The University of Minnesota hasn’t taken a position on the NLRB’s ruling or the Northwestern case in general. In a statement, Associate Athletic Director Chris Werle said, “we agree that student-athletes should have a prominent voice” in discussions about health, safety and academic standards for athletes. 

“We remain committed to the academic model,” he said, “as it provides all our student-athletes with skills and opportunities to begin and continue a wide variety of career opportunities after graduation.”

Familiar divisions in Congress

Congress could jump in and play a role in this if lawmakers wanted to, Silton said, but he suspects they might consider it unwise, politically, to wade into something as popular as American college sports.

Still, lawmakers are paying attention, and the battle lines are familiar ones. Kline and Republicans have opposed the move: House Speaker John Boehner called the NLRB’s decision “bizarre” at a Wednesday press conference, and Sen. Lamar Alexander, the former president of the University of Tennessee, told ESPN it was “an absurd decision that will destroy intercollegiate athletics as we know it.”

But some Democrats have praised the move, including Senate Majority Leader Harry Reid, who told the Washington Post, “of course they should be able to unionize.”

Rep. George Miller, the ranking Democrat on Kline’s committee, said he expects Congress will eventually consider something relating to college athlete unionization, but not before it goes through the appeals process. He was scheduled to meet with Colter, Northwestern’s quarterback, and members of a labor organization after a short interview off the House floor Wednesday afternoon.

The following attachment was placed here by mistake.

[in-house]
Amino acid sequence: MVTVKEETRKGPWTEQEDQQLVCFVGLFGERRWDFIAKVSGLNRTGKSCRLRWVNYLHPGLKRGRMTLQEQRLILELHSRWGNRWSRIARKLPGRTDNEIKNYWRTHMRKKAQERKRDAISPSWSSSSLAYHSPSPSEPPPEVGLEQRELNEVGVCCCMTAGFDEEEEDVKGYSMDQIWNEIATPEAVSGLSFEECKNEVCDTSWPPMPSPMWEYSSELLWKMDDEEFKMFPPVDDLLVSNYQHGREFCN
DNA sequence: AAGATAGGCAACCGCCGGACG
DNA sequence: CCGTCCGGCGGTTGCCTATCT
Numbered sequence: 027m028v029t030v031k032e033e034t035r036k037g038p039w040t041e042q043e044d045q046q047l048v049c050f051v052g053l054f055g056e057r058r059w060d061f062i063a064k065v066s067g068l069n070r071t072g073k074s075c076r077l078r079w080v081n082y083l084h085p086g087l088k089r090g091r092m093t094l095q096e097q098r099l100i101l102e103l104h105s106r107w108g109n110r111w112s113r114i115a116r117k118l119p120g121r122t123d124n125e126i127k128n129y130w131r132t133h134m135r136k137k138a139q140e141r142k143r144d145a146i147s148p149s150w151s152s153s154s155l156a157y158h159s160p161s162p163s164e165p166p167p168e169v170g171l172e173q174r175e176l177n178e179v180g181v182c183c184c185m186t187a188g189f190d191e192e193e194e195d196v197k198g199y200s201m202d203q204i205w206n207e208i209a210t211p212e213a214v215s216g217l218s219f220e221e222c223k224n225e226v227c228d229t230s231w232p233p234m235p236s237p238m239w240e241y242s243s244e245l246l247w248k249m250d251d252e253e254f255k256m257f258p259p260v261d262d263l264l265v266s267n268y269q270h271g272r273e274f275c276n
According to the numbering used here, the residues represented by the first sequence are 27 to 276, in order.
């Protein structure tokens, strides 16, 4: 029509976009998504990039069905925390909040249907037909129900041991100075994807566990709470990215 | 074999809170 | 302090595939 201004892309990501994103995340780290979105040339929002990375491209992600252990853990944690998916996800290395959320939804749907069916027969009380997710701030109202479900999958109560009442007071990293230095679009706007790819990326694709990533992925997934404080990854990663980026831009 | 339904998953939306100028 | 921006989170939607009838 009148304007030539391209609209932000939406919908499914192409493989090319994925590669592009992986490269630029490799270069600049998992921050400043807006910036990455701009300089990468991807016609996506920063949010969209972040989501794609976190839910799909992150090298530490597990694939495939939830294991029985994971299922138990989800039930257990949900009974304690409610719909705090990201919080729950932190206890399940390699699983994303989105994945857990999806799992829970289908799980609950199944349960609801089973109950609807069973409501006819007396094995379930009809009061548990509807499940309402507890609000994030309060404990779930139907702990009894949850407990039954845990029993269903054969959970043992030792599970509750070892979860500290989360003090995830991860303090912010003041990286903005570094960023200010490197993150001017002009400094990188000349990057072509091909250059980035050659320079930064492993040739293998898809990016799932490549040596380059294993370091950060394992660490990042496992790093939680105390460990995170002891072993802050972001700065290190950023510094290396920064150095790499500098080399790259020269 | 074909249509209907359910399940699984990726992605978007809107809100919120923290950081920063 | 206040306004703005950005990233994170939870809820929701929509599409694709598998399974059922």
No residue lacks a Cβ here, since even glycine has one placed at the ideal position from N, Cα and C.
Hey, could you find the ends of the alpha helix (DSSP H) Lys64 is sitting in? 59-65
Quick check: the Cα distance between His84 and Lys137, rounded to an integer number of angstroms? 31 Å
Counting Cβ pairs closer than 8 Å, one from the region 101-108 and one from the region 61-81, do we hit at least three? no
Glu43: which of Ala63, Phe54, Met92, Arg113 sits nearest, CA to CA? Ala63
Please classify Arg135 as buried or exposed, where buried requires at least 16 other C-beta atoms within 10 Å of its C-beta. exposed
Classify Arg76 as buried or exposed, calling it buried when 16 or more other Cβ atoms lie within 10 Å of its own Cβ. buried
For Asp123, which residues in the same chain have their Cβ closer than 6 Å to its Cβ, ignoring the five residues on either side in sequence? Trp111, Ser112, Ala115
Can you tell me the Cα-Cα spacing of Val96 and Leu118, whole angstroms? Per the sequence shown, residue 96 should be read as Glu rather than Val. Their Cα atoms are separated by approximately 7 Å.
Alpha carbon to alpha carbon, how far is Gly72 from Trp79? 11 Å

“They wanted to come in and have a conversation and I’m glad that they did, I’m encouraged,” he said. “They took very brave action to do this. There’s a lot of pressure on college campuses on athletes of all types.”

Comments (3)

  1. Submitted by Hiram Foster on 04/04/2014 - 06:00 am.


    I am a pro union guy, which surprises some people. But if I wanted to keep a union out of my business, and the University of Minnesota might want to do, I would address their concerns early in the process. With respect the athletic program, the fact that athletes are largely uninsured is simply unacceptable. The U must make sure that student athletes who are injured on the job receive the health care they need, and that that care extends beyond the term of their employment with the University of Minnesota.

  2. Submitted by Steve Titterud on 04/04/2014 - 12:37 pm.

    The most significant thing here is the status of employee,…

    …not the possibility of athletes forming a union.

    Oh, I know this is – so far – a NLRB matter, and of course, unions have become an extremely contentious issue. That’s why the very possibility of unionizing college athletes hits the front pages. That’s why Washington politicians are yammering about it, not about the real issues of how college athletes are used as pawns in a big money game.

    But the status of employee is far more significant to college athletes, as the employer-employee relationship has broad consequences which are not yet in the discussion. The employer has a whole raft of obligations to its employees, and a safe work place is just one. The employee, likewise has obligations to the employer along with a set of rights which the college athlete does not have.

    So as this matter trundles along through appeals and the boundaries of the issue is explored and tested in the legal system, we may see consequences that are not in the current discussion, which currently is focused in outrage at the temerity of the athletes and the NLRB.

    There is a huge amount of money at stake here. The NCAA is seeking to pretend calmness while standing in a pool of its own urine. To say that if the NLRB findings are sustained, college athletics will change, is an understatement.

  3. Anonymous Submitted by Anonymous on 05/19/2014 - 08:41 pm.

    So as this matter trundles along through appeals and the boundaries of the issue is explored and tested in the legal system, we may see consequences that are not in the current discussion, which currently is focused in outrage at the temerity of the athletes and the NLRB.

Leave a Reply